Orange County, California Deputy Sheriffs, who allegedly lied, fabricated stories and even compared notes after being ordered not to discuss the case by a grand jury investigating a deadly beating at Theo Lacy Jail. During 45 days of questioning, members of the Sheriff's Department hindered the probe to a degree the likes of which have rarely become so publicly obvious, with then-Sheriff Michael S. Carona leading the fray. Carona, who qualified for Top Story in TAR's November 2007 issue, refused to answer a single question, including whether he was the county's sheriff on the day John Derek Chamberlain, a computer technician held on suspicion of possessing child pornography, was beaten by fellow inmates over a 50 minute period. According to grand jury transcripts, Deputy Kevin Taylor, who sat nearby, watched television and exchanged 22 cell phone text messages with friends while the beating took place. Special Officer Phillip Le, who was on duty with Taylor during the attack, testified he recorded over the first seven to 10 minutes of videotape of the scene after guards discovered Chamberlain's body. Sheriff's officials stymied the grand jury at every opportunity, even refusing to produce simple Sheriff's Department policy manuals without a legal battle. Prosecutors were told that Taylor's background file was missing, but managed to find he had been the subject of at least two internal affairs investigations for allegedly beating inmates. An assistant sheriff overseeing the department's background files, Dan Martini, testified that the disappearance of the files made no sense and that he was considering bringing in the state attorney general's office to investigate, but was removed from his position by Carona two days before he appeared before the grand jury.
Orange County, California Deputy Sheriffs (yes, them again), one of whom reportedly used a Taser stun gun on a cat at Theo Lacy Jail. The cat's corpse was found on jail grounds. Animal abuse, like human abuse, is almost always rooted in alcohol or other-drug addiction. As pointed out in Drunks, Drugs & Debits, 20% to 50% of law enforcers have the disease of alcoholism, which means they will abuse others some of the time. This is why law enforcers--especially Orange County sheriffs--should be randomly and regularly screened for signs of alcoholism, which would include testing at over .03 per cent blood alcohol level at 8 a.m. (which converts to a BAL of at least .15 per cent at midnight)--at home or on the job.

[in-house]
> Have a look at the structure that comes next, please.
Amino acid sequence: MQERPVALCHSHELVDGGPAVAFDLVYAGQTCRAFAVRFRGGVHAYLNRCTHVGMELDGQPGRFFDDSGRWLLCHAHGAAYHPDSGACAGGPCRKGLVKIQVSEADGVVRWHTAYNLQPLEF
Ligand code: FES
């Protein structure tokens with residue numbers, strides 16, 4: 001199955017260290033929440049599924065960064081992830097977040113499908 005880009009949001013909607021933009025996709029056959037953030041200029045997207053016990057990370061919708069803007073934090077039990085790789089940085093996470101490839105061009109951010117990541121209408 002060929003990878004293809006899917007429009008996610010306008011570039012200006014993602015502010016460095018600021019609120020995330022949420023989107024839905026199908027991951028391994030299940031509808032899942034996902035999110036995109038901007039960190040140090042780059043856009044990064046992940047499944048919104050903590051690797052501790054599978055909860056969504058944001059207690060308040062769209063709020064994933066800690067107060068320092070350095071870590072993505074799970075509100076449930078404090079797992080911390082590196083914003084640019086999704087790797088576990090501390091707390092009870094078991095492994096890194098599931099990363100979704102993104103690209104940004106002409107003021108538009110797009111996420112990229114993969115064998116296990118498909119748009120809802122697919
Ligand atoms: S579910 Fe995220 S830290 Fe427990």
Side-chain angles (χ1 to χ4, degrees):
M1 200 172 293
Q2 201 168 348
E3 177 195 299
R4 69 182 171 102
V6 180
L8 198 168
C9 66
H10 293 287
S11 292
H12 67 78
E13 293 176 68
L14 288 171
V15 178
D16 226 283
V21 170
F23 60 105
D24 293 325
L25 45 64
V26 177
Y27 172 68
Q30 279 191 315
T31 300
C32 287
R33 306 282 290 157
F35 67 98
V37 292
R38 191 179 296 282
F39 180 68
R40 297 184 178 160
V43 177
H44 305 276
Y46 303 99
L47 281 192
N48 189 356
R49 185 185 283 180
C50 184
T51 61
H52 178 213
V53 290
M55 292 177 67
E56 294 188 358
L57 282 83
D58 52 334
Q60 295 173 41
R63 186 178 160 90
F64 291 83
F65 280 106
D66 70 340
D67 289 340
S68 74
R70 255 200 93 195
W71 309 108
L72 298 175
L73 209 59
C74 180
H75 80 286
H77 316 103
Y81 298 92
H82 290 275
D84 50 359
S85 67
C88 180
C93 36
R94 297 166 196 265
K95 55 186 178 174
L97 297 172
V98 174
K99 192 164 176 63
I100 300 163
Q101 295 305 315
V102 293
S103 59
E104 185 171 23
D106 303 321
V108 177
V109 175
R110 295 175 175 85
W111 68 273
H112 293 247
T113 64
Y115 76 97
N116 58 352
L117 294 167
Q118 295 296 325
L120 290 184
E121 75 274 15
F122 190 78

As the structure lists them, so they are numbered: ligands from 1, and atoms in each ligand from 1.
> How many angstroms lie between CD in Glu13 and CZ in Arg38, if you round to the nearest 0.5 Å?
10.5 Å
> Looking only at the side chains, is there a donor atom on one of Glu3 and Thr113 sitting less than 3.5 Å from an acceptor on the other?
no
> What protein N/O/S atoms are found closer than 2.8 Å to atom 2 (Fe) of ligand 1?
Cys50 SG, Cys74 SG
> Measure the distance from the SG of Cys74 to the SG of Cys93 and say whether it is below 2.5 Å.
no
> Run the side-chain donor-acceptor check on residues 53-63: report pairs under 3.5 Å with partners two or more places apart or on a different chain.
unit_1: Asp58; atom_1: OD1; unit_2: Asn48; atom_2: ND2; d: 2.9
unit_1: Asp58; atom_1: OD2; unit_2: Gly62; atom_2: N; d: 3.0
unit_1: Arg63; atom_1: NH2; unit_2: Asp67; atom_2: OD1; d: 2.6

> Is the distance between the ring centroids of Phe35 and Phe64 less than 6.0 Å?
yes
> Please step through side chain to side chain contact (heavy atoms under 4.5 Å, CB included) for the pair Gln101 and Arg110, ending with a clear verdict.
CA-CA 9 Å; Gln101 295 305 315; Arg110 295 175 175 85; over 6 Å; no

Co-Dependent of the Month:
Jamie Spears, pop star Britney Spears' dad, giving in to her tirades by letting her drink wine with dinner "as a way to relax" and because the young, tragic alcoholic convinced Jamie that "a steak dinner isn't complete" without a glass of red wine. Reportedly, when her mother Lynne asked Britney if she was drinking, she responded, "Daddy said I could. It's just wine." Message to Jamie: while a glass of wine can be a "way to relax" to a non-addict, it is an open invitation to begin a full-blown relapse to an addict.
Enablers of the Month:
Family members, friends and fellow actors Woody Harrelson and Denzel Washington, who attested to actor Wesley Snipes' "compassion, intelligence and value as a mentor" in letters to the court asking for leniency at Snipes' sentencing, where he was given three years in prison on three counts of misdemeanor failure to file tax returns (incredibly, he was acquitted on felony charges of tax evasion). Such comments stand in stark contrast to those made by journalist Chris Parry, who recounts a day on the set of "Blade: Trinity" in a piece entitled, "Drugs, Stand-Ins, Mood Swings and Legal Action: The Real Wesley Snipes," describing Snipes as a "drug-affected, moody, uncooperative piece of garbage, masquerading as an actor while all [those] around him tried to cover up for his shitty attitude." Snipes' trial was the most celebrated tax fraud case since Leona "only little people pay taxes" Helmsley was convicted on charges of tax evasion in 1989 (see the September 2007 TAR for more on her).